By Martin E. Prendergast
Gray, Gray & Gray, LLP
One of the biggest changes to emerge from the Tax Cuts and Jobs Act of 2017 was a significant drop in the corporate tax rate, from 35% to 21%. However, this new tax rate only applies to businesses structured as C Corp entities. Does this mean that architectural and engineering firms that are currently S Corps, LLCs, or partnerships should rush to elect C Corp status?
There are many reasons NOT to make the switch. In fact, most architectural and engineering firms that are firmly established as a “pass through” entity are likely to enjoy tax relief as deep – or deeper – than their C Corp compatriots. Here are three important reasons to consider:
- Starting in 2018, owners and members of many (but not all) pass through entities, including S Corps, partnerships, LLCs, and sole proprietorships, will get a 20% deduction on qualified business income. The good news is that architectural and engineering firms are the recipient of a special exemption that allows them to take full advantage of the deduction.
- The standard deduction for taxpayers has essentially doubled, to $24,000 for married couples filing jointly, and $12,000 for single taxpayers. This more generous standard deduction will continue to offset income “passing through” to S-Corp shareholder’s personal tax returns.
- C Corps will continue to face double taxation on dividends, one at the corporate level and one at the shareholder level. Dividends are taxed at the qualified dividend rates generally at 15% to 20% depending on shareholder income levels. In addition, the 3.8% surtax to help pay for the Affordable Care Act also still applies. Both taxes dilute the savings realized from the decreased tax rate for C Corps, while S Corps are not subject to this second layer of taxation.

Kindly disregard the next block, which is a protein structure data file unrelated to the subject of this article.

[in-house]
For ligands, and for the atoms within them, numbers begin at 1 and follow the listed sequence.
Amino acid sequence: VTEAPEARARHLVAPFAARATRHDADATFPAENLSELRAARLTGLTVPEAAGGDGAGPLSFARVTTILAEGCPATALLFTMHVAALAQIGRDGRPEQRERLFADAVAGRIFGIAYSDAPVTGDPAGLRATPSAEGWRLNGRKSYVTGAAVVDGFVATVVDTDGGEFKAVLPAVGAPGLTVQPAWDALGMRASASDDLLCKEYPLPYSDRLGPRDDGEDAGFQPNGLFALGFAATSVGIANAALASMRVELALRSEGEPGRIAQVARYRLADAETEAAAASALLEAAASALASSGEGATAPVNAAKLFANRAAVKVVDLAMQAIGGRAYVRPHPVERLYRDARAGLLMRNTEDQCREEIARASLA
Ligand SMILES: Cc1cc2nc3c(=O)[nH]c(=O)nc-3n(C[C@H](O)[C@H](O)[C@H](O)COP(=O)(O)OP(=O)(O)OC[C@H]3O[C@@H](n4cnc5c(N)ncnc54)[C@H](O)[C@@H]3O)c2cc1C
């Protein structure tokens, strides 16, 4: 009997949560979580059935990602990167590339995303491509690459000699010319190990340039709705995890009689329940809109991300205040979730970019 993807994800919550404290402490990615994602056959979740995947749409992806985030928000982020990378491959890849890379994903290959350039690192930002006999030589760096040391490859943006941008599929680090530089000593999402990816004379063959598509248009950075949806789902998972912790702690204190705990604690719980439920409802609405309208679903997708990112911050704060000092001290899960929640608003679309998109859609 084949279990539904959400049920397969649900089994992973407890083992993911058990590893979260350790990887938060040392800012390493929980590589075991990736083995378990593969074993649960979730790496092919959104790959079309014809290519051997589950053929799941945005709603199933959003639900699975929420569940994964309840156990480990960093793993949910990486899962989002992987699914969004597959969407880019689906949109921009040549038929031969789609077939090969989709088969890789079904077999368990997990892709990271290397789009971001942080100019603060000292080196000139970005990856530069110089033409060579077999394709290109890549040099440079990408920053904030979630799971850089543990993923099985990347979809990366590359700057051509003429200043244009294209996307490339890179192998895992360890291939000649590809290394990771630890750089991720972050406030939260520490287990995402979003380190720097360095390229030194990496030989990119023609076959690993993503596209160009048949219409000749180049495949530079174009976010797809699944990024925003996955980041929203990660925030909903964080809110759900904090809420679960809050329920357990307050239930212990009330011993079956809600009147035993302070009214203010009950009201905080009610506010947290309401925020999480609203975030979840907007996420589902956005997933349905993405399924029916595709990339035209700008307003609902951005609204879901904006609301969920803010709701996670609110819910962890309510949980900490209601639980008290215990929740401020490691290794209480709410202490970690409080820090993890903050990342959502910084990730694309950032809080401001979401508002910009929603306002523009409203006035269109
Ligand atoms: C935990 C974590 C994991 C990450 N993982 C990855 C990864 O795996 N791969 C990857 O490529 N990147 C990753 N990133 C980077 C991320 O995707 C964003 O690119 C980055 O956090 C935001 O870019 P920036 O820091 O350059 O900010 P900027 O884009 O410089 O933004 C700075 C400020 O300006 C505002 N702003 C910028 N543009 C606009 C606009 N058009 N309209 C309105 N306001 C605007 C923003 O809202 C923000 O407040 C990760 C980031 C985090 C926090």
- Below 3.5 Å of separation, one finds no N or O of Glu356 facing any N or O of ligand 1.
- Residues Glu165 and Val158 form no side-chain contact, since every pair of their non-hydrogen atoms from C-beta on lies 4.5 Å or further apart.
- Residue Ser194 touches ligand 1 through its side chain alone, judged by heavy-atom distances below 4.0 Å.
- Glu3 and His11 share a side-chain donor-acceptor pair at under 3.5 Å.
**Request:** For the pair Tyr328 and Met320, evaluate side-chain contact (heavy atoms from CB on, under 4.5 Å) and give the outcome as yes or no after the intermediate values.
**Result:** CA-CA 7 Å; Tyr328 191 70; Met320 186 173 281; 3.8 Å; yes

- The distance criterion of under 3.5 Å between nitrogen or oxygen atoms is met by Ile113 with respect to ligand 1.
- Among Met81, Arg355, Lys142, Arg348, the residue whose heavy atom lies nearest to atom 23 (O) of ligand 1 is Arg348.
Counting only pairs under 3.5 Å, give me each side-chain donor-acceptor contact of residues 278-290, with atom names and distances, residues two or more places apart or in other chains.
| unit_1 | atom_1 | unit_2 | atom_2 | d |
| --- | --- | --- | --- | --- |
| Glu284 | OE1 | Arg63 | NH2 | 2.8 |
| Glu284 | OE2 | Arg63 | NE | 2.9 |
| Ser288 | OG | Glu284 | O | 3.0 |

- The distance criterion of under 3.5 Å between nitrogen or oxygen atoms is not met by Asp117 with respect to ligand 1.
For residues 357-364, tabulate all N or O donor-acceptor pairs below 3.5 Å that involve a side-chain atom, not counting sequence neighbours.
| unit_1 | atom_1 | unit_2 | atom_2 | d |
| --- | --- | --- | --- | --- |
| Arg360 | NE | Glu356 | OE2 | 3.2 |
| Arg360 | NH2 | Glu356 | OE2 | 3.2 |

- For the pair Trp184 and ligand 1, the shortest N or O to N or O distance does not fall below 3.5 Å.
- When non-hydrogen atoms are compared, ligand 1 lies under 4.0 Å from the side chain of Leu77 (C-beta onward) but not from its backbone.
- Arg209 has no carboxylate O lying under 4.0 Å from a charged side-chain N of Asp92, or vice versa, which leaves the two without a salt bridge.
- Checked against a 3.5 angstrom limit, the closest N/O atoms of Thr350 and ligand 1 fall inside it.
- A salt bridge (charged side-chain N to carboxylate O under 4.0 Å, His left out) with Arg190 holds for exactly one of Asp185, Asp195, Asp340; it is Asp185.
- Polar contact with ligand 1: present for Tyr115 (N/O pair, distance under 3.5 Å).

The new 20% deduction was intended as a conciliation for pass through entities by equalizing the big tax cut C Corps are getting. Unfortunately, there is a complex formula for figuring out who can take the 20% deduction and which type of income it can be applied to.
To begin with, the 20% deduction cannot be taken by “specified service businesses” where the skills and reputation of the owner(s) is essential to the success of the business. This list includes law firms, accounting firms, consultants, professional athletes and performers, musicians, and more. However, it does not include architects and engineers, a category which received a special exemption that allows the 20% deduction to be taken. This is a significant win for the A&E arena!
The 20% deduction cannot be applied across the board on all income. The deduction can only be taken on qualified business income, which is calculated using a complicated formula that considers W-2 wages within the business, the acquisition of qualified property, and whether or not the owners receive guaranteed payments (which cannot be included as qualified business income).
As a result, it may make sense to make internal changes in 2018 to take full advantage of the new tax law. For example, a partnership may want to rework their compensation structure to reduce guaranteed payments; S-Corp owners may want to increase their wage base and limit distributions to further tap into the deduction; and all entity types might consider converting 1099 contractors to W-2 employees. This would all be done to boost the amount of qualified business income to which the 20% deduction can be applied. While these and other strategies will play a major role in tax planning this fall, it is less likely that a conversion of your entity will be necessary, or recommended, to enjoy tax savings similar to those C Corporations have been awarded.
The new tax law is filled with provisions and adjustments, with more details emerging regularly. It is essential that you consult with your qualified tax advisor as early as possible to begin to unravel what the changes to the tax law mean to your business, and how you can take advantage of the opportunities it presents.
If you have a question about the new tax rates (corporate or personal) and how they might affect your corporate or individual tax return, please contact us at (781) 407-0300.
Martin Prendergast is a Manager in the Architecture, Engineering & Design practice group at Gray, Gray & Gray Certified Public Accountants and Advisors in Canton, Mass. He can be contacted at (781) 407-0300 or at email@example.com